Dewey & LeBoeuf seeks $104 million from ex-partners

NEW YORK Wed Jul 11, 2012 11:22pm BST

A sign is seen at the offices of Dewey & LeBoeuf in Palo Alto, California June 5, 2012. REUTERS/Robert Galbraith

A sign is seen at the offices of Dewey & LeBoeuf in Palo Alto, California June 5, 2012.

Credit: Reuters/Robert Galbraith

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NEW YORK (Reuters) - Dewey & LeBoeuf on Wednesday proposed a $104 million (67 million pounds) deal to recoup money from former partners who left the law firm as it teetered on collapse, a former partner said.

It's a settlement that could head off a lengthy court fight in the biggest law firm bankruptcy in U.S. history.

The proposed deal would cover clawback claims the estate has against hundreds of Dewey's former partners. The firm is seeking to clawback money paid out since the start of 2011, two people familiar with the matter said.

If partners accept the deal, it would provide the first big recovery for Dewey's creditors, who are owed $315 million stemming from the firm's bankruptcy filing in May.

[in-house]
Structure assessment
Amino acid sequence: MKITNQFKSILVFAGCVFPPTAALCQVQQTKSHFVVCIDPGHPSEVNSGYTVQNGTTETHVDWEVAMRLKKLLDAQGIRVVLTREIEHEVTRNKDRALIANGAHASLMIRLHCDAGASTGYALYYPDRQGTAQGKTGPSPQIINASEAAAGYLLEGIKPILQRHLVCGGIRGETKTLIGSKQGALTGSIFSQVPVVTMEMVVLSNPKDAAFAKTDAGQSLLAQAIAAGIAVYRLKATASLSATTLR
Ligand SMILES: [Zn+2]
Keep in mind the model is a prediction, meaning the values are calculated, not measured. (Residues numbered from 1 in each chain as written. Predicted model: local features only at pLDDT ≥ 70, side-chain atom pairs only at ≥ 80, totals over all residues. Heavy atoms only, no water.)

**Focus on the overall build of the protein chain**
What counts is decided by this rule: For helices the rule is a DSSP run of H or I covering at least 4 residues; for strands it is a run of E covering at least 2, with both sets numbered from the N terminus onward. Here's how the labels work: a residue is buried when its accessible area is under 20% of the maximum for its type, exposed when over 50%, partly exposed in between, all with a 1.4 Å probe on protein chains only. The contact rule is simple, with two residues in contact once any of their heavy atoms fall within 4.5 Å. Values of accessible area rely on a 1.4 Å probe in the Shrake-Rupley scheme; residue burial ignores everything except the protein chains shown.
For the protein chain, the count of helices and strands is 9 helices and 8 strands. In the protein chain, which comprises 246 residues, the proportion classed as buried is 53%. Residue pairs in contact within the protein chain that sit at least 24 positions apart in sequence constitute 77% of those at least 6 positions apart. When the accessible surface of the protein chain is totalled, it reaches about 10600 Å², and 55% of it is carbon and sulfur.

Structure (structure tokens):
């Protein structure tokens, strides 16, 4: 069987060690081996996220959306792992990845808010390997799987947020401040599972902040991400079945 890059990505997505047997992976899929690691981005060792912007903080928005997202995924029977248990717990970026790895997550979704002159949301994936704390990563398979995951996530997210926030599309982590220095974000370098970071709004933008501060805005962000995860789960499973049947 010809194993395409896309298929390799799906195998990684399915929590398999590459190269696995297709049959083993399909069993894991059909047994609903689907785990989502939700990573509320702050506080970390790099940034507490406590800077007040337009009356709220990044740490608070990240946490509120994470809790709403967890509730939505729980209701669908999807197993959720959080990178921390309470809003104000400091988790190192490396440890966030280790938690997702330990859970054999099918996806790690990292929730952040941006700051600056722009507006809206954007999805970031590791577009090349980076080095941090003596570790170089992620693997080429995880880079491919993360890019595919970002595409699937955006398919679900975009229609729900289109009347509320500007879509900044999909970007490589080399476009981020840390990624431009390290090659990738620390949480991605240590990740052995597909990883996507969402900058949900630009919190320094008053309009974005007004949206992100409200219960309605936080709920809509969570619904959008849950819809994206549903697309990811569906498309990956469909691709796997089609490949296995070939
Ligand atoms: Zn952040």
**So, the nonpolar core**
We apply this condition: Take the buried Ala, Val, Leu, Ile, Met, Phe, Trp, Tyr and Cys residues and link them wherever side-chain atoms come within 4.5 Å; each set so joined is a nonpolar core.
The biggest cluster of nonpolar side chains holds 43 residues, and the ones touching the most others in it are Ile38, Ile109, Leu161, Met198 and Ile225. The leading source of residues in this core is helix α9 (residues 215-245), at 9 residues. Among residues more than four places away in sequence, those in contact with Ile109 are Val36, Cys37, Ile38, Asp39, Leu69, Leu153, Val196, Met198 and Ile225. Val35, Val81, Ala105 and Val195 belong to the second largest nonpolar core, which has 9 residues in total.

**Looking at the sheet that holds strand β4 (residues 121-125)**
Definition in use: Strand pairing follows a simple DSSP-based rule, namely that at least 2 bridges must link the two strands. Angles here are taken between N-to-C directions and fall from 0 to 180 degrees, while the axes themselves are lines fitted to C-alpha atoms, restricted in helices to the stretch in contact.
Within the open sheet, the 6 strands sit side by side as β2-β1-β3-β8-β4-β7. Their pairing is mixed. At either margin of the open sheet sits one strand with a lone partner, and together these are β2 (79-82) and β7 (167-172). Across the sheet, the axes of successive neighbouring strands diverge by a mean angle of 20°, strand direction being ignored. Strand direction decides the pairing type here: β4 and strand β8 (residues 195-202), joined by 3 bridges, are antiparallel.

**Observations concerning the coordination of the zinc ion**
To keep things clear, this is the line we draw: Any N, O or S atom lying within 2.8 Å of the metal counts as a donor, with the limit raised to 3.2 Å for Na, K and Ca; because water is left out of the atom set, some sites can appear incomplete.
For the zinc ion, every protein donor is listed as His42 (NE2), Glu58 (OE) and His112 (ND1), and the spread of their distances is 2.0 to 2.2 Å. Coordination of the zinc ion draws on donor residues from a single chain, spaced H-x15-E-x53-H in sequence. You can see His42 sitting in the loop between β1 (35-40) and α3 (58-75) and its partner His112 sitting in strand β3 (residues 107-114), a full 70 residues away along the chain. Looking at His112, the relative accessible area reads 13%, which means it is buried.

Partners could reject the offer if they think Dewey's demands are too great, creating the possibility that the firm would sue them.

Mark Zauderer, a lawyer for 57 former Dewey partners, confirmed a plan had been put forward. He declined to discuss the settlement's terms, but said "it would not be a safe bet to assume that our clients will agree to it."

"But they will certainly look at it," he added.

Even if partners accept the deal, the bankruptcy would continue as the estate seeks to recover money from former clients and others to pay off its remaining debt.

Terms of the proposal were discussed at a meeting at the Sheraton in Manhattan, on the same block where Dewey once had its headquarters, a former partner said.

Al Togut of Togut, Segal & Segal, who is serving as Dewey's primary bankruptcy lawyer, did not immediately respond to a request for comment.

Before its decline, the Wall Street firm had 1,040 lawyers in 26 offices internationally. Dewey collapsed in May amid partner defections and a high debt load.

(Reporting By Casey Sullivan and Nate Raymond; Additional reporting by Nick Brown; Editing by Eric Effron, Noeleen Walder and Bernard Orr)

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